Is Your Partnership a Joint Venture or an LLC?

Is Your Partnership a Joint Venture or an LLC?

Disclaimer: We are not a law firm and cannot give legal advice. The following is information to be used at your discretion. If you need legal advice, please seek an attorney! 

So, you’ve decided to partner up with someone on your latest adventure in business. That’s exciting! Whether you’re starting a totally new business  or just partnering up on a specific project, it is nice to have someone to help you carry the load.

But you might be wondering… what sort of legal agreement should you have with your new partner? The truth is: Not every project you start with a partner requires you to start a whole new business.

You might be working on a joint venture, rather than a whole new business. And, depending on which type of project you’re starting, a joint venture and  an LLC are two vastly different things.

While we can’t tell you exactly which one you should choose without knowing your specific project, partnership, and goals, we can break down the differences between a joint venture and an LLC so you can decide which is right for you.

First — are you hiring or partnering? 

When you’re hiring a freelancer, team member, or agency, you’re not sharing any profits with them. They’re delivering an agreed-upon set of work per client or project, and you’re paying them an agreed-upon fee (this may be flat or hourly). 

Additionally, you’ll get the final say on any deliverables, decisions, and communication. If you’re hiring a freelancer, make sure that both of you are protected by using our Independent Contractor Template

But when you’re working with a partner and creating a joint venture, the two of you share profits — and often split the workload without upfront payment. You’re not paying your partner an agreed-upon fee or salary, but rather a percentage of the profits and revenue  after  a project has launched or the business starts making money.

A partner or joint venture will be a decision-making power as well. Unlike relying on insight from team members, your partner should have a certain level of equal say in the final decisions and deliverables to your clients. 

So you’re bringing in a partner — now what? 

Have you decided that what you’ve got IS in fact a partnership and not a hiring situation? Cool.

When you bring in a partner for a joint venture or a new LLC, you share the risk  and  the reward. However, you still need to make sure you have the right contracts and legal protections in place for both of you. 

The difference between a joint venture and an LLC

Unsure what a  joint venture is? The boring definition: “a business arrangement in which two or more parties agree to pool their resources to accomplish a specific task.”

We like to think of a joint venture as a project that has a clear beginning, end, and goal. For example, you might host a JV webinar with the goal of promoting someone’s new program to your audience — and also get a commission for yourself. Or you might co-host a coaching program where you split profits based on each coach’s time with members.

Each of these have a clear start and end date — which is different from an LLC! This is more of a brand collaboration, which means you’ll want to have a  brand collaboration agreement!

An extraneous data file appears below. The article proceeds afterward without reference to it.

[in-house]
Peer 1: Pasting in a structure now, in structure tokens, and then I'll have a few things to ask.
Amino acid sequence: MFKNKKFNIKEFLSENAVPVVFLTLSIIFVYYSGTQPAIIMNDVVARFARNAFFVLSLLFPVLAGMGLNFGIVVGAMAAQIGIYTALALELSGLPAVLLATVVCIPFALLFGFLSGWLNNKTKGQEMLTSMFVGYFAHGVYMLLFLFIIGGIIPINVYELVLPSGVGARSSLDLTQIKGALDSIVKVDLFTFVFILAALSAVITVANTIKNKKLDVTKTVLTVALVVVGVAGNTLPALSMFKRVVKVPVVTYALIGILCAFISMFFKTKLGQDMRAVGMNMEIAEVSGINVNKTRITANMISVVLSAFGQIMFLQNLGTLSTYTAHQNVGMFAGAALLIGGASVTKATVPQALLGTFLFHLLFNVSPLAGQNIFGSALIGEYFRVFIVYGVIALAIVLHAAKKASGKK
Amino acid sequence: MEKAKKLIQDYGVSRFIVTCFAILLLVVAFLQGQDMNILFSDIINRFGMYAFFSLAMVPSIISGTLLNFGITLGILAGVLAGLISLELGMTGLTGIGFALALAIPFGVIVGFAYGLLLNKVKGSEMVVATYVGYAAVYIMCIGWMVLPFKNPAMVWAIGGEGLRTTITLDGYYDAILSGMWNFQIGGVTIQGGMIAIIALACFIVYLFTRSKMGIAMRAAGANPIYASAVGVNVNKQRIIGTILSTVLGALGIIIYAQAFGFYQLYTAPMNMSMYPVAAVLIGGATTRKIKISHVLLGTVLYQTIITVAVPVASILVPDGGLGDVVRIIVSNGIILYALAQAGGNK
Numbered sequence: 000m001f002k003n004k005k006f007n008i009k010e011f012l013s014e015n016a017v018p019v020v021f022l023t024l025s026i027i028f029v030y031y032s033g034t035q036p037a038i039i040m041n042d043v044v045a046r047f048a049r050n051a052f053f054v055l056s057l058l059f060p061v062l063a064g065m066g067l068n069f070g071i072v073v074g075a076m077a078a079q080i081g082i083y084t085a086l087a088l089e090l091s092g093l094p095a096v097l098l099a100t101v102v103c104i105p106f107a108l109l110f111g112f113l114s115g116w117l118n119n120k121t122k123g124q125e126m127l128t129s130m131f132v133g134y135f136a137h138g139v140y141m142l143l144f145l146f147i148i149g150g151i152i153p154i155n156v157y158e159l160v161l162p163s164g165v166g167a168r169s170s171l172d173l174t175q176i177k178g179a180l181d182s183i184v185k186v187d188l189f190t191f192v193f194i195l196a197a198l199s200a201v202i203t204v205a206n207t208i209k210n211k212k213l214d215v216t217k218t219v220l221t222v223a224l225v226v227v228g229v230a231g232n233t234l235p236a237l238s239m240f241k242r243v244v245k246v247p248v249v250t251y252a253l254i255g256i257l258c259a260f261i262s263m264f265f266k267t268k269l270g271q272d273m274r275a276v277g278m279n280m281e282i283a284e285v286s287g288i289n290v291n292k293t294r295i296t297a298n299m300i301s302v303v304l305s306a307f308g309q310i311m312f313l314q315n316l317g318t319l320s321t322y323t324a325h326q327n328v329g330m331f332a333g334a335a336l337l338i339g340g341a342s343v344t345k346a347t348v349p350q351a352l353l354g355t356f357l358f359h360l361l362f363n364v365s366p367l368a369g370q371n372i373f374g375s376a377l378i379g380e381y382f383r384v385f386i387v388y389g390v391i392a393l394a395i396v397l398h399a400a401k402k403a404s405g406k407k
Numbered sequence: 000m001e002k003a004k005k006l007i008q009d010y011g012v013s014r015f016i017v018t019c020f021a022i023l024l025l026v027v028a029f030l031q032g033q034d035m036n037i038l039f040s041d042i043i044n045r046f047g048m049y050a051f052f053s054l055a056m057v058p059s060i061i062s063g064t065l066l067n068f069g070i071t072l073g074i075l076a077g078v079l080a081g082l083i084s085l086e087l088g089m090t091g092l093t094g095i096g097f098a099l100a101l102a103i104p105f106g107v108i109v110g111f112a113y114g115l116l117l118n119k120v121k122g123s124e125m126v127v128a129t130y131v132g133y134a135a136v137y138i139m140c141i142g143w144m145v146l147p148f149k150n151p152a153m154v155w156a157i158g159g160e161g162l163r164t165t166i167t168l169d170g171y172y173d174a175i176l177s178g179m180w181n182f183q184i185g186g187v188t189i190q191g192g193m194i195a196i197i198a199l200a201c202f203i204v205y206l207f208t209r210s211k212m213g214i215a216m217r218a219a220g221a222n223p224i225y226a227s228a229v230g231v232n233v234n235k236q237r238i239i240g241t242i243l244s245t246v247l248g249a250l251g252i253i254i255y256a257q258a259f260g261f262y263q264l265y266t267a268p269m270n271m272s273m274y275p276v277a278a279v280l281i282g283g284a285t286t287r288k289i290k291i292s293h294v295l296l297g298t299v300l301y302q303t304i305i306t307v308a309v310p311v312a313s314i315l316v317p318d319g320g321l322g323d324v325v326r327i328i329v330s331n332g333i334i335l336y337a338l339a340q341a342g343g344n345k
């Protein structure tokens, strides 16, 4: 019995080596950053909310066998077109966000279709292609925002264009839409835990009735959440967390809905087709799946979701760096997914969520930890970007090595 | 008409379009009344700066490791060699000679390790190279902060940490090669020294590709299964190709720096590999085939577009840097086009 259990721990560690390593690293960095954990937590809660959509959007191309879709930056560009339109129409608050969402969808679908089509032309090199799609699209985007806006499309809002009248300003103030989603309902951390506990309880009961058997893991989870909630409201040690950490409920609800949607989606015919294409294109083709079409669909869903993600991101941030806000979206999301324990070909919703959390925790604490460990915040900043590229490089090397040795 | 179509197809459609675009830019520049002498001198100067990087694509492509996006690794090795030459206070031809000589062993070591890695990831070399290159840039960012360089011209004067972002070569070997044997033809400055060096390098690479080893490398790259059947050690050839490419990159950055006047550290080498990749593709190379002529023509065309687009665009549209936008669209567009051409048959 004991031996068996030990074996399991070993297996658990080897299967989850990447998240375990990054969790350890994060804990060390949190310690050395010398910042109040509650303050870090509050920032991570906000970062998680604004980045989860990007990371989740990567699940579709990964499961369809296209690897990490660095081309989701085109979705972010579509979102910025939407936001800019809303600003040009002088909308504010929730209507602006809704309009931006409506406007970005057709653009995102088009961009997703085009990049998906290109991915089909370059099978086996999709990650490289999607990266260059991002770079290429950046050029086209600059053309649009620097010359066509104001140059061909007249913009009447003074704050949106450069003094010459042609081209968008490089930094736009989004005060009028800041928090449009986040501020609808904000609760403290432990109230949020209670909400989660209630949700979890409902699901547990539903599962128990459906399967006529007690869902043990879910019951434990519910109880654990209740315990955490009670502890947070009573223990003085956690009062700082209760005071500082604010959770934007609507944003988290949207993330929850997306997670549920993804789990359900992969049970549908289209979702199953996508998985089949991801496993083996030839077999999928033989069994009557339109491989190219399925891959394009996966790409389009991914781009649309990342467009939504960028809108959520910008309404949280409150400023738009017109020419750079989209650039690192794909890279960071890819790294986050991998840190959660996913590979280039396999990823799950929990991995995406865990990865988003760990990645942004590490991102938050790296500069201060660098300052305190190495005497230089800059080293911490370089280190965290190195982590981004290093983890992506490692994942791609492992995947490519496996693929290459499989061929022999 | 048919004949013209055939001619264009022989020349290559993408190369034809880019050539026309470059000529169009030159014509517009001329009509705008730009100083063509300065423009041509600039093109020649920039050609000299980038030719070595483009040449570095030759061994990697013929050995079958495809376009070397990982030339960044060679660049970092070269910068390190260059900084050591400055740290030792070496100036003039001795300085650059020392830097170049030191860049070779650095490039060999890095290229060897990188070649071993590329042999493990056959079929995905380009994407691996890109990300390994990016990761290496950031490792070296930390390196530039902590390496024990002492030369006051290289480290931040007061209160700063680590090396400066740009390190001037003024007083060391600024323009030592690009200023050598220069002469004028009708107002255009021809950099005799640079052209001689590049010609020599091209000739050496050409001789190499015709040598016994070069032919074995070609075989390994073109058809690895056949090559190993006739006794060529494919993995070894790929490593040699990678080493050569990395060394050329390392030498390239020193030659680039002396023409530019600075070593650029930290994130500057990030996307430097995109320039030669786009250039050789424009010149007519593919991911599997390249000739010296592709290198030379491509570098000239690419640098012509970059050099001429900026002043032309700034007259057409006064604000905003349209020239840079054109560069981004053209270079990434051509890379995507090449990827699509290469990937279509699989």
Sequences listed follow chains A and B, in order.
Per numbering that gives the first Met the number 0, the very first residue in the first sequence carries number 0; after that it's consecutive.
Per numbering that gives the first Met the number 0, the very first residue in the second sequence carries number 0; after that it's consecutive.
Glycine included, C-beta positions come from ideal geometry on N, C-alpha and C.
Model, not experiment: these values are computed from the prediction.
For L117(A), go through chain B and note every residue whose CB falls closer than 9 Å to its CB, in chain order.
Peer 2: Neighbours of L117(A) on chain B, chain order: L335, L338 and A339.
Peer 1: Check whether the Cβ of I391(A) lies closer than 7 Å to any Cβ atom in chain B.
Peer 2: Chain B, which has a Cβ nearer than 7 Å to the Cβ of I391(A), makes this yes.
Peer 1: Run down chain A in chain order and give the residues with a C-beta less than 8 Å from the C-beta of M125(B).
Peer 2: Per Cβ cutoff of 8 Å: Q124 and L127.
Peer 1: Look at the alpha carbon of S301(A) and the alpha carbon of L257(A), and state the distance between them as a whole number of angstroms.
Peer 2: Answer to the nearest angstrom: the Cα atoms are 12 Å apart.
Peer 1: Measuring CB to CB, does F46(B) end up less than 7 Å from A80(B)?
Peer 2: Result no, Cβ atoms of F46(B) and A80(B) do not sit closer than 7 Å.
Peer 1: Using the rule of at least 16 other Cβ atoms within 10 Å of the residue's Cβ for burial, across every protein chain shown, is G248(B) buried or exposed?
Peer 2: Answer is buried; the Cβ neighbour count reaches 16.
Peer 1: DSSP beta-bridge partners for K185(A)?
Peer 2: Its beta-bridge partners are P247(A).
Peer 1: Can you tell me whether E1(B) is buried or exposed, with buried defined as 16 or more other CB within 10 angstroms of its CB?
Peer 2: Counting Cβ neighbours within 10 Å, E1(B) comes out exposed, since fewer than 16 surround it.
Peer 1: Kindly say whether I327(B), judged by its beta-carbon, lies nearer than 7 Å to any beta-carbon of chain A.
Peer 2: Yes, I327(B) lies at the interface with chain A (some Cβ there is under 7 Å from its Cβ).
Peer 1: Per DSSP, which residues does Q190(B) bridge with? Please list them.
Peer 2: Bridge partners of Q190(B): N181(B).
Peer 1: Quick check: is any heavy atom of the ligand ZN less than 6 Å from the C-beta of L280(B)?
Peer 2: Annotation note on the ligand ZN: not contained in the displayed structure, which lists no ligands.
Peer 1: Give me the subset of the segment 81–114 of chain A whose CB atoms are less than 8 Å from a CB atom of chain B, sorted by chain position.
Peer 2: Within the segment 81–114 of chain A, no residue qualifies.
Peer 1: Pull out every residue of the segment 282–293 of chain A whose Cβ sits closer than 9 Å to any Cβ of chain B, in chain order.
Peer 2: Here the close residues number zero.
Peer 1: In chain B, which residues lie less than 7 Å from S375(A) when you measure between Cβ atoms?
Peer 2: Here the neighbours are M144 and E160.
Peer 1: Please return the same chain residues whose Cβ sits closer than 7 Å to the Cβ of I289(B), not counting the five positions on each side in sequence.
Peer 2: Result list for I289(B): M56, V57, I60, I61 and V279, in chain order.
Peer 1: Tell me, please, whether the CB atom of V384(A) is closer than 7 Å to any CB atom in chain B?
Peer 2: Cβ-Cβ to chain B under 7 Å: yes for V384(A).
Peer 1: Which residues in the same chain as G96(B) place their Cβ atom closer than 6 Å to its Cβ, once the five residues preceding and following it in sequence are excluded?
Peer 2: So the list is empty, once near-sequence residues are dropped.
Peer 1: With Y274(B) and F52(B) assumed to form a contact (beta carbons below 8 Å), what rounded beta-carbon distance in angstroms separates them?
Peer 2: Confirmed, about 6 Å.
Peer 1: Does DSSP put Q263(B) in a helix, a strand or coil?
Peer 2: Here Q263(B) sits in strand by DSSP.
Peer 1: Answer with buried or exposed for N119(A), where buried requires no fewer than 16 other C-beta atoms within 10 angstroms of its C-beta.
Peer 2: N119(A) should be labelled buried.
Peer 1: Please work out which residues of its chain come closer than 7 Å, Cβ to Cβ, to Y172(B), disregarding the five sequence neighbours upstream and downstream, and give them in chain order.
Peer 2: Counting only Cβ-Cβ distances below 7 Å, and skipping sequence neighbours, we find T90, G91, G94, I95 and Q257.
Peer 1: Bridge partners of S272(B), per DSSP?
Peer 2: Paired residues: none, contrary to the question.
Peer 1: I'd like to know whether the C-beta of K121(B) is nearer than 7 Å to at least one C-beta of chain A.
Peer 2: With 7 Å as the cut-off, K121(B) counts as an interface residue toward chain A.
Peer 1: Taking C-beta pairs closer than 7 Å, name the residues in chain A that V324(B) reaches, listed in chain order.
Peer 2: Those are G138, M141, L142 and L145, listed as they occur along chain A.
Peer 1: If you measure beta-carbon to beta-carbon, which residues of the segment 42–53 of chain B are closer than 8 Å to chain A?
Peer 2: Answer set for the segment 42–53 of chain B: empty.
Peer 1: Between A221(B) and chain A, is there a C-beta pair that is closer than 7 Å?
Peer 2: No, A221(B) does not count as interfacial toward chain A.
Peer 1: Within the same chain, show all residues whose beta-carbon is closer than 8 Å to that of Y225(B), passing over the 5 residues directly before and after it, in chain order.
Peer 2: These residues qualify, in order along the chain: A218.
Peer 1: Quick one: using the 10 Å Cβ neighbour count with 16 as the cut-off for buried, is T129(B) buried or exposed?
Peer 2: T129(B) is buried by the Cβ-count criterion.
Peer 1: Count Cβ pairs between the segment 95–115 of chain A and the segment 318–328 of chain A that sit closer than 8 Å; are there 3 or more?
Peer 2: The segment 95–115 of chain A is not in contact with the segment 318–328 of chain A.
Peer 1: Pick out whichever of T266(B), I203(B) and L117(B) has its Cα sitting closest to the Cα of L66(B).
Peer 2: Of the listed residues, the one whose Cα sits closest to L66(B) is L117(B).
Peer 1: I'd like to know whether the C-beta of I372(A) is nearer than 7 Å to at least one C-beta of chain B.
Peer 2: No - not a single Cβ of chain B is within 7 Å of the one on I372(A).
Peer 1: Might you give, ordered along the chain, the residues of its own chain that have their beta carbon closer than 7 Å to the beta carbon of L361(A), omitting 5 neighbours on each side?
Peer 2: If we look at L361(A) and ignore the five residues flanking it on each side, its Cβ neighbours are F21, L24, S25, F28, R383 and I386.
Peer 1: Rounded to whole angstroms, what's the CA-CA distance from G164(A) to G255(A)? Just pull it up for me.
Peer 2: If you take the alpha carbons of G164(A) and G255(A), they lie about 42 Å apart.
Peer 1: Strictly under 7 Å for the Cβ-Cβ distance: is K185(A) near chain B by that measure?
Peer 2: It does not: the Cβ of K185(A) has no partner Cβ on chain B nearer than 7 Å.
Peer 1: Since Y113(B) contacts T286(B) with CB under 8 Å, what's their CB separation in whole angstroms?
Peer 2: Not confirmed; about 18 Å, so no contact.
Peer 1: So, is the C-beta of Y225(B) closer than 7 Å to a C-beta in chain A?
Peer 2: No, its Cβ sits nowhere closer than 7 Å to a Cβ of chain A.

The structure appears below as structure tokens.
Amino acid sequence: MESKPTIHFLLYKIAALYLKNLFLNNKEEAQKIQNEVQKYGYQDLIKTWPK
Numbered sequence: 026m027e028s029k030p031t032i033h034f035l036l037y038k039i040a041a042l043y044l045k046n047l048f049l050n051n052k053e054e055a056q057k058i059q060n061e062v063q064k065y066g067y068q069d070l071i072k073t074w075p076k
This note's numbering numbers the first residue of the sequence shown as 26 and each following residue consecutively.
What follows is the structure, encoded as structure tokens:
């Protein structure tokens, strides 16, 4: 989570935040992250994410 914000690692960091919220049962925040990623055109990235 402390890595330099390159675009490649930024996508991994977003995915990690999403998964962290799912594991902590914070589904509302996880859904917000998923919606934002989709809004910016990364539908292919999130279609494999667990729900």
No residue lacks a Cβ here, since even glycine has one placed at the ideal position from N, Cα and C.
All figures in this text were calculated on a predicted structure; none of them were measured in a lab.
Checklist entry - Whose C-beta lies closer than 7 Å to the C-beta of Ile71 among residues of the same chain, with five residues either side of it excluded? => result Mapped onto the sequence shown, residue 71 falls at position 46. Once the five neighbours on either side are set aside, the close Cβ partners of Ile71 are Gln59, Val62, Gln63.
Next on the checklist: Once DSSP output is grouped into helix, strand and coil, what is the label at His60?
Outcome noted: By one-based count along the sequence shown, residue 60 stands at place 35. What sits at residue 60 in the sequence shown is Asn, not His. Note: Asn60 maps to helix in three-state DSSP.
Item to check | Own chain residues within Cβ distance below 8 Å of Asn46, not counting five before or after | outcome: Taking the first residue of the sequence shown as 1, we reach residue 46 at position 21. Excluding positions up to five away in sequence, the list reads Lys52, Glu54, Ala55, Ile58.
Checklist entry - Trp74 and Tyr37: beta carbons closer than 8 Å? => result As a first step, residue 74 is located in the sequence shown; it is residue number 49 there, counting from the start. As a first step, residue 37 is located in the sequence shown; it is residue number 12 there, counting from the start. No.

But if your project doesn’t have a clear end or beginning, and you’re creating something from scratch together that may take a while to earn revenue from, you’re likely working on an LLC basis.

What’s an LLC?  An LLC (or Limited Liability Company) is a business structure that turns your work operation into its own legal entity. The owner/s (or “member/s”) manage their business assets, debts, and other liabilities solely under the umbrella of the business itself.

Basically, you’re putting that official boundary between your personal life and your professional operation. In the eyes of the law, your LLC has its own assets and liabilities, so if anything goes wrong, they can’t target your (or your partner’s) personal assets as compensation. 

Decided that filing an LLC for your partnership is best?  Here’s how to do that. You’ll also want to have an LLC operating agreement in place to make sure you and your partner know exactly what to expect from the other (and so nobody gets hurt if things go sideways).

Either way: Protect your ass-ets

If your joint venture is more than a one-off event, like a webinar or workshop, it’s probably a good idea to form an LLC with an operating agreement. 

This means that you are legally recognized as a business, and also have a contract with your new partner stating the scope of your new business, responsibilities, profit share, financial responsibilities, and more. 

If you’re currently thinking about creating an LLC with a partner(s), our  LLC Operating Agreement Contract Template is the perfect place to start! 

This template includes a clearly laid out plan for your assets (now and in the future), what to do if your partner splits or goes MIA, and attorney-reviewed legal-ese that ensures you and your new partner are completely protected. 

If you’re not sure an LLC is what you need, and instead you just want coverage for a one-off partner project, check out our  Brand Collaboration Agreement

This template sets clear expectations of your relationship with your brand partner from the beginning by defining timelines, revision guidelines, and what exactly the brand can or cannot do with the materials you create together. This is also really helpful for influencers! 

Whether you’re starting an LLC or a joint venture, we wish you and your partner(s) the best of luck.

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